Salvation Army set to open shelter in Watts
Watts, Lafayette Park shelters to open through government partnerships
By Hillary Jackson –
The California South Division is working to open a pair of shelters for those experiencing homelessness in Los Angeles, starting with a 100-bed shelter in Watts. The Salvation Army was approached by the city of Los Angeles, Los Angeles County and the city council districts to be operators for the government-owned shelters.
“It’s a great opportunity because within the division, but mostly within Los Angeles County, The Salvation Army has really maxed out its residential facilities—our shelters can’t be expanded,” said Anabel Sanchez, Divisional Quality Assurance Director. “The only way we can expand in the community is to use properties owned by the government and run them.”
The Army’s goal is to double its impact on homelessness in L.A. and throughout the Western Territory through The Way Out initiative. The two forthcoming government-owned, Army-run shelters in the neighborhoods of Watts and Lafayette Park are designed to be temporary and utilize modular dome-like structures to fulfill housing needs for three years until the city’s permanent housing structures are completed.
“This is the humanitarian crisis of our lives,” said Los Angeles Mayor Eric Garcetti in a video about the forthcoming Watts Shelter. “Nothing is going to be better for stopping homelessness than building beds and building them in the neighborhoods where people are currently homeless. That’s the way we can make sure we can get people out of tents, off the sidewalks, out of their cars.”
Los Angeles officials reported in June that the number of people living on the streets, in vehicles and shelters increased by about 12 percent over last year. Within the city of Los Angeles, the number jumped to more than 36,000—a 16 percent increase, according to the Los Angeles Times.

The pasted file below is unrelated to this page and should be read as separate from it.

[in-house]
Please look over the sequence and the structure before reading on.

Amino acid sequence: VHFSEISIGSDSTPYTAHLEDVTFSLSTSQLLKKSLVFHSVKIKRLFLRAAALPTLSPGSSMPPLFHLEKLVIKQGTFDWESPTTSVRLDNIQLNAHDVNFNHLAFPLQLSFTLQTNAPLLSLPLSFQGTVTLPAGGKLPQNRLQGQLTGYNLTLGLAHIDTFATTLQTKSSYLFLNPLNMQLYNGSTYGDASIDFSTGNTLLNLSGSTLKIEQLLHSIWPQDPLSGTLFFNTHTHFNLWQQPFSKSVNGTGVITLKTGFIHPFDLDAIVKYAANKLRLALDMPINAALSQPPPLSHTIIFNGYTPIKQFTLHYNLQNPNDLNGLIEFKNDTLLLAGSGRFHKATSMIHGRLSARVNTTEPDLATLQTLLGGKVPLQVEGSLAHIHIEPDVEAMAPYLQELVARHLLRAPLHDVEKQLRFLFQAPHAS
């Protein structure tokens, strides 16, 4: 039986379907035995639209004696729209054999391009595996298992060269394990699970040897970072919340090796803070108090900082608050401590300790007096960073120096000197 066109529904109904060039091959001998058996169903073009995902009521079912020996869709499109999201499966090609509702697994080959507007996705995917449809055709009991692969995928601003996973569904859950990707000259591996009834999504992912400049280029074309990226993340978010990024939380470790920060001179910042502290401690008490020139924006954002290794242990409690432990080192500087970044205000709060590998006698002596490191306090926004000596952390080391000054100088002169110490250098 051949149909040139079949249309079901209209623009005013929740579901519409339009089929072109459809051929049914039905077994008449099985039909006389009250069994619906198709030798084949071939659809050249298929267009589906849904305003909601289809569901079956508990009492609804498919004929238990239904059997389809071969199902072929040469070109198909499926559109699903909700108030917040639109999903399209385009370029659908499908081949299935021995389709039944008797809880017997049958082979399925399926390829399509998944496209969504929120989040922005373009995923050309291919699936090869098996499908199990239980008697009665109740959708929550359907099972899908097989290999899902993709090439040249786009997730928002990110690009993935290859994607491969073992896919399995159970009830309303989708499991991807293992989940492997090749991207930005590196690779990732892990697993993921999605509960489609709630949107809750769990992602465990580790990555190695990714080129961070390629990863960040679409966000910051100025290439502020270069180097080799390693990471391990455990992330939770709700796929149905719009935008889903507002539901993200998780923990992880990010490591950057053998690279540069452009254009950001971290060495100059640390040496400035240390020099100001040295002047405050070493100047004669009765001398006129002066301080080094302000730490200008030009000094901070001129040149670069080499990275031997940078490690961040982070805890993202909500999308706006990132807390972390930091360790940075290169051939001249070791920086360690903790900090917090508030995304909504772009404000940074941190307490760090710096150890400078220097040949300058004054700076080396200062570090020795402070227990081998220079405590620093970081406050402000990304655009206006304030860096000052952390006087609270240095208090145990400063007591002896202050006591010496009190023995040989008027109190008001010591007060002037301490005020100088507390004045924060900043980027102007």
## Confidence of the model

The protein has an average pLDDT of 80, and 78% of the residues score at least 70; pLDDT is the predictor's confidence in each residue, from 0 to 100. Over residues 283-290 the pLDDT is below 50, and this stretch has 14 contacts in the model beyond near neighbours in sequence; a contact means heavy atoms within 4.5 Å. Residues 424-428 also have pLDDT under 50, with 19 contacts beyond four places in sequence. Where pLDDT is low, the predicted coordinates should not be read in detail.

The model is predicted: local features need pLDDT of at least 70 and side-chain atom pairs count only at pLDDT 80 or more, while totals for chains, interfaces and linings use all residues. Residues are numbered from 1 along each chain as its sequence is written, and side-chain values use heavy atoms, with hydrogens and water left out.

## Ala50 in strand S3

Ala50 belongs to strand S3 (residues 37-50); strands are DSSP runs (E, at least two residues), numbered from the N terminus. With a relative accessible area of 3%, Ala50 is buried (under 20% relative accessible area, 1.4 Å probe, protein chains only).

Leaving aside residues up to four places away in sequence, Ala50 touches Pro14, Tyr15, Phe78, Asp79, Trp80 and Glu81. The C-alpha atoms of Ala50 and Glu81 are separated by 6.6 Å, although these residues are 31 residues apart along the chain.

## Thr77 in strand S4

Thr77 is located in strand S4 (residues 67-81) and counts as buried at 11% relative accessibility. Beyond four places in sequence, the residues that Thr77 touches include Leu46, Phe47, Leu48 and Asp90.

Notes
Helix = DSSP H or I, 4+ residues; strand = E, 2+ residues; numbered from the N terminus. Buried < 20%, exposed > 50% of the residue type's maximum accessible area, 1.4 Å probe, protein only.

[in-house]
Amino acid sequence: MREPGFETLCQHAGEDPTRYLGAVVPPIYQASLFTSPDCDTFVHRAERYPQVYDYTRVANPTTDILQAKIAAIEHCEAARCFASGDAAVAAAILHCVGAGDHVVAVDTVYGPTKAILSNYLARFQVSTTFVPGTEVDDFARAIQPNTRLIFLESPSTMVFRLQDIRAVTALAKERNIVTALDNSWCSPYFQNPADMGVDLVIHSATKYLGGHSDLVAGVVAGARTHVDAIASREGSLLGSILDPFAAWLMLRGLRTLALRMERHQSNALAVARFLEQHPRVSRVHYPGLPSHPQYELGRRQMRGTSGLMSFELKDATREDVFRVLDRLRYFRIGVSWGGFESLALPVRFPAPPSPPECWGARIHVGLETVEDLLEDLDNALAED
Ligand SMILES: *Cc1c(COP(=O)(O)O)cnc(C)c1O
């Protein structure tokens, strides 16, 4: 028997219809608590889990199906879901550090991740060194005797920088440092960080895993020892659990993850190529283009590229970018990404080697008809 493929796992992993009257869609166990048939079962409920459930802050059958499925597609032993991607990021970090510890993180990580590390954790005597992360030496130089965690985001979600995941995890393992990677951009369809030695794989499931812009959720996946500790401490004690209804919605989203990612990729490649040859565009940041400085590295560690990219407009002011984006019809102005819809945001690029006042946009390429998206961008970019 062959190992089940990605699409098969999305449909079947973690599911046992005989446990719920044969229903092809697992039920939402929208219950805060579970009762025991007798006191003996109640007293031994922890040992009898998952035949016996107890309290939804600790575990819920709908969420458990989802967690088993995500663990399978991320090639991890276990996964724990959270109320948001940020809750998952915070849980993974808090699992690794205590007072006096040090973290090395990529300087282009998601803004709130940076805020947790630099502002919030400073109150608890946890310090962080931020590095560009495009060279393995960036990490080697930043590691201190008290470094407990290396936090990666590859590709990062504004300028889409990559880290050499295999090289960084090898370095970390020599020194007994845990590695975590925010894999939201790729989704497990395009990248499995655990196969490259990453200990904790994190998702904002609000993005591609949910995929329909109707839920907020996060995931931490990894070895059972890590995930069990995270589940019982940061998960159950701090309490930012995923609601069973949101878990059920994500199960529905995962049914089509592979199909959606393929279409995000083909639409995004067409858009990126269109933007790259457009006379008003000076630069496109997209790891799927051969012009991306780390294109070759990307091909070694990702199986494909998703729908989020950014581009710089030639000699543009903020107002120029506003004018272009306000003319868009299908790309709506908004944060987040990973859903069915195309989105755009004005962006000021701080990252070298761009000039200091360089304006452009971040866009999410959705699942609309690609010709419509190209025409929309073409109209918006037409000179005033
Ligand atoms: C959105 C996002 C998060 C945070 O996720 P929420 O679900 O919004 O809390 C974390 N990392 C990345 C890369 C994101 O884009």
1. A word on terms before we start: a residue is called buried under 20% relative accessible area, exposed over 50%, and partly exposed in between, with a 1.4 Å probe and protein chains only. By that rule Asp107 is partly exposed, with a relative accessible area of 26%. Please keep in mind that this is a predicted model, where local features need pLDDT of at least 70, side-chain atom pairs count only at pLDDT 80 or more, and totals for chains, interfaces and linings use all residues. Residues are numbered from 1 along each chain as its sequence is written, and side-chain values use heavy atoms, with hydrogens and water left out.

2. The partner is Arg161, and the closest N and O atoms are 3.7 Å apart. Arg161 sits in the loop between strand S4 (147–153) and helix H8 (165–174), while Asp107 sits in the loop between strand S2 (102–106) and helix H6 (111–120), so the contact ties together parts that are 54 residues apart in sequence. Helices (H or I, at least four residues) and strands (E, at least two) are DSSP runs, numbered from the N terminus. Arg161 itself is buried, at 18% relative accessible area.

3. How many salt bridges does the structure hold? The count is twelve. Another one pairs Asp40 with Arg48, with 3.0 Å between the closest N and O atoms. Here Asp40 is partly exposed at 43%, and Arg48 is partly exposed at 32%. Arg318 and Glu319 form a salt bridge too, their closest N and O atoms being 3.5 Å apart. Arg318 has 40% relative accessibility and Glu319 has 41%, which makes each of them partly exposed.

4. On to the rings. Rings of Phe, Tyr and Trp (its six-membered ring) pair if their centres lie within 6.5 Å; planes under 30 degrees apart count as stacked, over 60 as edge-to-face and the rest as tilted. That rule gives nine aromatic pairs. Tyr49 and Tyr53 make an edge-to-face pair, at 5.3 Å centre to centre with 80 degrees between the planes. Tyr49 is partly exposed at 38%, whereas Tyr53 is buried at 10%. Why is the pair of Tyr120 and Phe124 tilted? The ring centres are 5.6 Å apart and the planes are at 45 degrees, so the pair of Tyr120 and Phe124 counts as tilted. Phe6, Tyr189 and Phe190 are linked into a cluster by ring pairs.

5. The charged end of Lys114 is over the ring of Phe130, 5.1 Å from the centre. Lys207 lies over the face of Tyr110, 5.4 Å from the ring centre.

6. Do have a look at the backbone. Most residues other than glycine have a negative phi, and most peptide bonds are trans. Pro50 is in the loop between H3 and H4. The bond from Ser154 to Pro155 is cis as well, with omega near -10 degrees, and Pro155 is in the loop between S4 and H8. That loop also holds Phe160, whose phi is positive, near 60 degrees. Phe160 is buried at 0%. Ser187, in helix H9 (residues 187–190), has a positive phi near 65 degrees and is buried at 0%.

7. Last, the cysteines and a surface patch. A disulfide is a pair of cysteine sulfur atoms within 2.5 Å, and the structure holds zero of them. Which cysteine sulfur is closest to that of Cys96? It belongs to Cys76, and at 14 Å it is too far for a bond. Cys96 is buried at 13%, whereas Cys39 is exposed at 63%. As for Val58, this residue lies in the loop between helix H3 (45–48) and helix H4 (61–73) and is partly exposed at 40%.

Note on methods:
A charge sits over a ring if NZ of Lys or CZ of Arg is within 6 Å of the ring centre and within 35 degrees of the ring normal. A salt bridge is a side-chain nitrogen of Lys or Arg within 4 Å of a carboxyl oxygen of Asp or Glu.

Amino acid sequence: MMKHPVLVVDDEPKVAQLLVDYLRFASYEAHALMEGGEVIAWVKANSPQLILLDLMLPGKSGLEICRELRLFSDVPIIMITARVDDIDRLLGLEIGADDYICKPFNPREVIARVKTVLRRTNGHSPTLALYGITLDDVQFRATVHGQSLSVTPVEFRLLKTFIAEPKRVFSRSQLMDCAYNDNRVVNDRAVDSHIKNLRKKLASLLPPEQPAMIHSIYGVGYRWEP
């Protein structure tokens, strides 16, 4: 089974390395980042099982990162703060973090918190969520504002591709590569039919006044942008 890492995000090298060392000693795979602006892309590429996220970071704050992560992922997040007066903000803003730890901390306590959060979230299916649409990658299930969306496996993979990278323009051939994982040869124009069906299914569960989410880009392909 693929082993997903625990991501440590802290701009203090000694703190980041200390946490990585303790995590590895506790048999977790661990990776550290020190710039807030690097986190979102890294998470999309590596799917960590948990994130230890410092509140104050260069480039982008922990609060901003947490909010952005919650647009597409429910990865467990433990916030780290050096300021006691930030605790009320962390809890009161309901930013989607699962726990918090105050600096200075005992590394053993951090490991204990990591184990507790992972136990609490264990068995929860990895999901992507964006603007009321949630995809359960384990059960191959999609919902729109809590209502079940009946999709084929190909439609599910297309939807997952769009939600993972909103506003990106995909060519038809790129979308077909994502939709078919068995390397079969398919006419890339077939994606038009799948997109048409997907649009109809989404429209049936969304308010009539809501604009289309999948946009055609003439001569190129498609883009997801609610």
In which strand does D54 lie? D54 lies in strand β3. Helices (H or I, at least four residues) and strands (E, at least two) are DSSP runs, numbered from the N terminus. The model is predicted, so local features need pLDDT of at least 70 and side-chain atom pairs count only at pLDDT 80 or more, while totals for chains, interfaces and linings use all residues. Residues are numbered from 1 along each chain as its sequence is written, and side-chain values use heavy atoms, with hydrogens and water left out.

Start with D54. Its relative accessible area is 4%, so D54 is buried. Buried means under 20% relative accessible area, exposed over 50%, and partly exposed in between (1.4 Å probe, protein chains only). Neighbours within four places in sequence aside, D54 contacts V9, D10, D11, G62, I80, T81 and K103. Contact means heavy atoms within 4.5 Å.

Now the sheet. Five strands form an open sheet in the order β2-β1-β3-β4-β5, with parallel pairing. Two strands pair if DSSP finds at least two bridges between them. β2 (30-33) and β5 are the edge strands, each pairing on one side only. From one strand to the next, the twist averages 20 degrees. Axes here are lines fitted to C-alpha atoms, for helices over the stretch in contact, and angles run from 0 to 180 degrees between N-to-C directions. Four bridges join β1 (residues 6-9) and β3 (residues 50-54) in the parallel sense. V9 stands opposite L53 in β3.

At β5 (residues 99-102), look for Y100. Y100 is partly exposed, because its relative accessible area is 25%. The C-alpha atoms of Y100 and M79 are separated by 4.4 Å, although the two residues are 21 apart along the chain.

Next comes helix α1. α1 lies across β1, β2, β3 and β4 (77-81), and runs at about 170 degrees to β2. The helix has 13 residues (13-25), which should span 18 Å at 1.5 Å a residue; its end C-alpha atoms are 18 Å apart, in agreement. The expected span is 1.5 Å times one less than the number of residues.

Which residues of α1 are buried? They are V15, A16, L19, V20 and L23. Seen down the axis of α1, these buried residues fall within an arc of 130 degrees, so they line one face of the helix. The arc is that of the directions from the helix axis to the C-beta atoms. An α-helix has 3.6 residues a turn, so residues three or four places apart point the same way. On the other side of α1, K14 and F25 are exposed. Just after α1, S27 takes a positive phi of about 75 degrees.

Councilmember Joe Buiscano represents L.A.’s Council District 15. One of his goals is to “get souls off the sidewalks.”
“We need to remind ourselves that these sidewalks are for the public, they are for everyone,” Buiscano said.
The shelters aim to help those experiencing homelessness within a two-mile radius of each location, focusing on individuals. Seventy percent of projected clients are men.
The 100-bed Watts shelter is set to open in mid-November and will provide food, showers, workforce development services, case management, washing machines and mental health and addictions services. The 70-bed Lafayette Park shelter will open in early 2020. Plans are in the works for a potential 100-bed location in Mid-Wilshire.
The goal is for individuals to stay at the shelters for 3–6 months before moving on to permanent supportive housing, but with the city’s housing shortage, it often takes individuals 9–12 months to find a home depending on the demographics and the vulnerability of the client—if they’re a senior or have medical conditions, for example, it can take longer.
The Army has paired each of the new shelters with one of its pre-existing residential facilities to take advantage of its resources. The Watts shelter will pair with the Army’s Hope Harbor and in Lafayette Park, the new shelter will serve as an expansion of the Army’s Alegria facility, leveraging its kitchen, program director and business manager. This way, clients will receive wraparound services and case management in addition to a safe place to sleep.
“We are in a time in which homelessness is the stain on society and it has become an epidemic here in Los Angeles,” said Major Osei Stewart, General Secretary and Los Angeles Metropolitan Area Coordinator. “We know that these two new shelters will make a difference in the lives of over 180 persons daily. In partnership with the Los Angeles Mayor and council district officials, we seek to alleviate homelessness one person at a time, while providing the services they need to make them productive citizens.”